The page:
• Alzheimer’s disease;
  • amyloid β;
  • heritability;
  • surrogate marker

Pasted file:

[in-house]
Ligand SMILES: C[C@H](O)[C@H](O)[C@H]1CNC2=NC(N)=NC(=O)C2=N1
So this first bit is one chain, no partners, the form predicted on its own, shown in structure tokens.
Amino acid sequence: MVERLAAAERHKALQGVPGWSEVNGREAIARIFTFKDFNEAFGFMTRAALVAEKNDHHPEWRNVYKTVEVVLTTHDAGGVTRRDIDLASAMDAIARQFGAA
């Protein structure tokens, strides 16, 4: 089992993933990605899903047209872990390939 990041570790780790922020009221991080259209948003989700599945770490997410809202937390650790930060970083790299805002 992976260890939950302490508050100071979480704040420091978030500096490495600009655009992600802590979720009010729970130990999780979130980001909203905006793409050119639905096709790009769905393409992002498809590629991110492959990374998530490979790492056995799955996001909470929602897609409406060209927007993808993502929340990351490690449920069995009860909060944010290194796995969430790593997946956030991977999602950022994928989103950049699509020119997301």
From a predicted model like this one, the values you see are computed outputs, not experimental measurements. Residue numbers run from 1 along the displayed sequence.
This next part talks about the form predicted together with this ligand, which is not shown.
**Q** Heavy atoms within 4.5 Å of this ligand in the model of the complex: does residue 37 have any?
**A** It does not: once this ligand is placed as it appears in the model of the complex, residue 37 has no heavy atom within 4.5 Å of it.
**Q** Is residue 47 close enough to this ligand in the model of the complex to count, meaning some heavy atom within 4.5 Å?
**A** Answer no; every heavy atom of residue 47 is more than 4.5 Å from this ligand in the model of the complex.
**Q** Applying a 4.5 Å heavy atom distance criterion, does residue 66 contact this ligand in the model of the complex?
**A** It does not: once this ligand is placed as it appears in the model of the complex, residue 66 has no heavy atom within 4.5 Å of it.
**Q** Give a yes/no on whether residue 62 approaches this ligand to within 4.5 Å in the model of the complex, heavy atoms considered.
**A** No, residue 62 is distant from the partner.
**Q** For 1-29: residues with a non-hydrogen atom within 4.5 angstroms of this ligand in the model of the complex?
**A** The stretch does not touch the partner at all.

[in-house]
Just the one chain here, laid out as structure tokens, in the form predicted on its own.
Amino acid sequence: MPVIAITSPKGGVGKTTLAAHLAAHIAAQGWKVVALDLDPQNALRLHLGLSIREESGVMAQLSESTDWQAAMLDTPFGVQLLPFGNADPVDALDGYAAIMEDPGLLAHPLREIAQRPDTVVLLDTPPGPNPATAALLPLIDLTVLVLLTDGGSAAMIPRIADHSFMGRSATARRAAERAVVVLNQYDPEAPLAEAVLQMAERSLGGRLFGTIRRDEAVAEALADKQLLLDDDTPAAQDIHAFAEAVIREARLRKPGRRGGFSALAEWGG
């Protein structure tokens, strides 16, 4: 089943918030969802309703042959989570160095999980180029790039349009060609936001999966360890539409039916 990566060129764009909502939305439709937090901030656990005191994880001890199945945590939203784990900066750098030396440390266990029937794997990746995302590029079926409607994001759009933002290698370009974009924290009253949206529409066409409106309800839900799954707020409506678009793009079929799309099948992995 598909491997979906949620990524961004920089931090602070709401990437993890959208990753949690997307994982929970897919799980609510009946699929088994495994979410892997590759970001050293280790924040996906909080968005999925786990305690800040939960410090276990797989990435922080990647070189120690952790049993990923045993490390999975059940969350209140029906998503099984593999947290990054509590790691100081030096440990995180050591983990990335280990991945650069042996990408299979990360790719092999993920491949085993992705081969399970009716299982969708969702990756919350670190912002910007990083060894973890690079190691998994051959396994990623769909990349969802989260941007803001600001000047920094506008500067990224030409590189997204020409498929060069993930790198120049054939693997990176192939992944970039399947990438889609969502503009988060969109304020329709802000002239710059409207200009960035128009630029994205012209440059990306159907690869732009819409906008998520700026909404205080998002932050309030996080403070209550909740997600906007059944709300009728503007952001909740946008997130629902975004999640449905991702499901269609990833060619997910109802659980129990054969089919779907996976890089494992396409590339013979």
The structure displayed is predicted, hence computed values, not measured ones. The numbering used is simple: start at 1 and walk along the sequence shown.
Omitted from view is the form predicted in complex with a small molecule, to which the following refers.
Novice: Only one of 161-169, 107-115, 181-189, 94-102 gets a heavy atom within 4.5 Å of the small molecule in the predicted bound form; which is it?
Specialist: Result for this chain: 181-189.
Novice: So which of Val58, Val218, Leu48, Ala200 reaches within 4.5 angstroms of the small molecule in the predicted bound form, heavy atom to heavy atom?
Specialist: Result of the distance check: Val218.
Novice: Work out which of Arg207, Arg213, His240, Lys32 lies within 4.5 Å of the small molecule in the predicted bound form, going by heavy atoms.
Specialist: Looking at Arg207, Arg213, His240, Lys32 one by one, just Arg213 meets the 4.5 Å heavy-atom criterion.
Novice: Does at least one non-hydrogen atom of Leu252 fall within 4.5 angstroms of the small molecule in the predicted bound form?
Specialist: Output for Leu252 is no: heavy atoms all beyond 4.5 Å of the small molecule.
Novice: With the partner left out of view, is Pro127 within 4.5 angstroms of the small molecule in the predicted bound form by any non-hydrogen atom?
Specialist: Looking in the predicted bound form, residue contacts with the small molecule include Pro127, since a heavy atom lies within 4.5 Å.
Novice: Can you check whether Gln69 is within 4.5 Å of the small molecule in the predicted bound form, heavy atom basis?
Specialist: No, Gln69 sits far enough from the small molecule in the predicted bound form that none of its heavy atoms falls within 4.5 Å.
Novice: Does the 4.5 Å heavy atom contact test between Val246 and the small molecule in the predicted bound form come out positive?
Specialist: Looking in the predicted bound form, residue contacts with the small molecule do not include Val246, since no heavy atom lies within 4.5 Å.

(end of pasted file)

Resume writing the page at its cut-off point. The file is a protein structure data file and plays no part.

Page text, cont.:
Plasma amyloid β42 peptide (Aβ42) levels are significantly elevated in all genetic forms of early-onset Alzheimer’s disease caused by familial Alzheimer’s disease mutations or Down’s syndrome. Moreover, recent studies have determined that both plasma Aβ42 and Aβ40 levels are significantly elevated in late-onset Alzheimer’s disease (LOAD) patients, their cognitively normal first-degree relatives, and members of typical LOAD families when compared to appropriate controls. To determine the magnitude of the genetic component affecting plasma Aβ levels, we estimated the heritability of plasma Aβ42 and Aβ40 in 15 extended, multigenerational LOAD pedigrees, using a variance components method. Heritability estimates as high as 73 and 54% were found for plasma Aβ42 and Aβ40 levels, respectively. Inclusion of the ApoE ϵ4 dosage as a covariate was not found to have a significant effect on the heritability of these traits. These results suggest that genetic determinants other than ApoE account for a very substantial percentage of the phenotypic variance in plasma Aβ levels. The high heritability and the significant elevation of these traits in LOAD pedigrees suggest that at least some of the genetic determinants of plasma Aβ levels may lead to elevated Aβ and LOAD in these families. Thus, we suggest that plasma Aβ levels are quantitative traits that may be excellent surrogate markers for use in linkage analysis to identify loci that are important in typical LOAD. Genet. Epidemiol. 21:19–30, 2001. © 2001 Wiley-Liss, Inc.